Archiving iPhone Voicemail Messages


For all the polish of Apple’s iPhone, there’s still a number of missing technological enhancements. For example, one would think that archiving voicemail in some manner would be a no brainer — saving a message to iTunes or emailing it beyond the confines of one’s handset. In preparation for an AT&T exodus and Verizon iPhone 4 purchase, that’s exactly what I wanted to do.

My initial plan to perserve a classic voicemail message involved a variety of mini plug cables. The thought was I’d have audio play over my iPhone headset jack which in turn would be received via the laptop’s audio input and recorded via Garage Band or Audio Hijack Pro. Unfortunately, at some point I realized that my current generation MacBook Air doesn’t really have audio in. So instead of dislocating the wife from her laptop for a similar attempt via Windows Movie Maker, I went with plan B…

Using Greenpois0n, I quickly jailbroke my iPhone… followed up by an install of the Cydia app store and SSH. Using my preferred OS X file transfer client Cyberduck, I wirelessly accessed the iPhone via SFTP using the default username (root) and password (alpine). Once in, I browsed to /private/var/mobile/Library/Voicemail/. Unfortunately, I rarely clean up after myself and was greeted by a rather a long list of .amr (adaptive multi-rate) audio files. So I copied them all down to my computer for safe keeping. While the .amr file type is new to me, QuickTime is familiar with it and had no trouble playing back messages until I found the one I was after.

23 thoughts on “Archiving iPhone Voicemail Messages”

  1. “Using Greenpois0n, I quickly jailbroke my iPhone”

    Why the hell can’t you do that via iTunes, or via a simple one-line terminal command?


    I understand if Apple won’t give you tech support after you do so, but why the hell do you have to rely on a supposed white-hat hacker going after a security vulnerability on iOS in order to gain control of your own gear?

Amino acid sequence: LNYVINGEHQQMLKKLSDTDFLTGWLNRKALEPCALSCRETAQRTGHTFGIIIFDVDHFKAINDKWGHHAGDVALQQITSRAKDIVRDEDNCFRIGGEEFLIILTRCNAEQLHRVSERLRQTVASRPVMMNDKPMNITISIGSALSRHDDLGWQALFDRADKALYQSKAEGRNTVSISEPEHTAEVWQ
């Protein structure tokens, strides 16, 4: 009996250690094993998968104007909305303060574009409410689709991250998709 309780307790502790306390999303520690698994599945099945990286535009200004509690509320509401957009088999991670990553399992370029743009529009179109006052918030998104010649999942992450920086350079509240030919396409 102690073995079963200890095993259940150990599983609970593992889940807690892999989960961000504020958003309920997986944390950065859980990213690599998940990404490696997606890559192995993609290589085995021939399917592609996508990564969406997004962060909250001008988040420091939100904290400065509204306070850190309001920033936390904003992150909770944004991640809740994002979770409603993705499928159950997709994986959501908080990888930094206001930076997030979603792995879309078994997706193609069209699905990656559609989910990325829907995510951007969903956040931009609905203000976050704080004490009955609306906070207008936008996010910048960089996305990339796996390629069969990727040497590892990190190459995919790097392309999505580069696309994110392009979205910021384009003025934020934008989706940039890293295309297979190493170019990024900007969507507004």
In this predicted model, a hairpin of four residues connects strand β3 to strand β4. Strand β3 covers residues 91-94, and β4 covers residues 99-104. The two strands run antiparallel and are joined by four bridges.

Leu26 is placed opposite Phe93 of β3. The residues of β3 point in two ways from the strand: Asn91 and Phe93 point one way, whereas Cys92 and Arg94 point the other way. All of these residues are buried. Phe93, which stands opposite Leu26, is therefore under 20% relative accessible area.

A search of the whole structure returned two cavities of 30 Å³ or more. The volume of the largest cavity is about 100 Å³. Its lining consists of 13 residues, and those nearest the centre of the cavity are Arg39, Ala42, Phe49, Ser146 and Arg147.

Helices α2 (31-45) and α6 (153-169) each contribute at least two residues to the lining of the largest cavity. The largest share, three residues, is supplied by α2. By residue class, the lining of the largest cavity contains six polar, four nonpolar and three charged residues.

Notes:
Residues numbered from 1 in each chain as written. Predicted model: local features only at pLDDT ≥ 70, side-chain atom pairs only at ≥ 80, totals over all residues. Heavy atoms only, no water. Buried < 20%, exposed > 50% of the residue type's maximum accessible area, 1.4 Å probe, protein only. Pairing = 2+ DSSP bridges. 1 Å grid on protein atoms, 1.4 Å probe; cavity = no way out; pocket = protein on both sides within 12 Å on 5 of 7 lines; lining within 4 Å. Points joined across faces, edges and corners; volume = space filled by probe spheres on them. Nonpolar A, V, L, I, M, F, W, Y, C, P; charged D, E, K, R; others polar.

If I wanted to rely on third-party white-hats for my OS, I’d run linux.

    Down with psycho-killer Cupertino. Qu’est que c’est.
    Fa-fa-far better, run, run, run, run, run, run, run, away

  2. iPhone Explorer may enable similar functionality but without hacking your phone. I used it once before a year or so back to migrate some audio files or something and forgot about it until after this little project was complete. But jailbreak is always my backup method – I know it’s there, I know it works. Although I won’t leave my phone jailbroken fulltime due to stability and security concerns along with a rich app environment. But prior to the app store, in a different era, I was fulltime jailbroken.

  3. “iPhone Explorer may enable similar functionality”


    “But jailbreak is always my backup method”

    My problem here is simply that we’re using the correct terminology. Why the hell is your gear sold to you in a little jail of its own? If the cell network radio and subsystem needs to be locked down, I can accept that. At least there is a rationale.

    But the only real rationale for putting all of iOS in jail to ensure 30% of your firstborn goes to Cupertino. I’m outraged, even if the outrage hasn’t spread widely quite yet…

  4. Yeah, sorry dave, What Al is referring to is what i meant. No ring-everywhere nonsense, just voicemail stored in your account.

    Its pretty cool when you can embed and download voicemail thats worth sending along to others.

  5. Chucky, yeah as delivered it’s a locked down walled garden. Folks who don’t like it jailbreak or go with Android (which requires ‘rooting’ as well in many cases).

    Jon, Al, thanks for the clarification. I’m generally happy with the visual voicemail implementation and only once since owning an iPhone have I had a need/desire to archive a message. Although I’m sure my wife (also on an iPhone) would appreciate being able to forward me her voicemails – hm.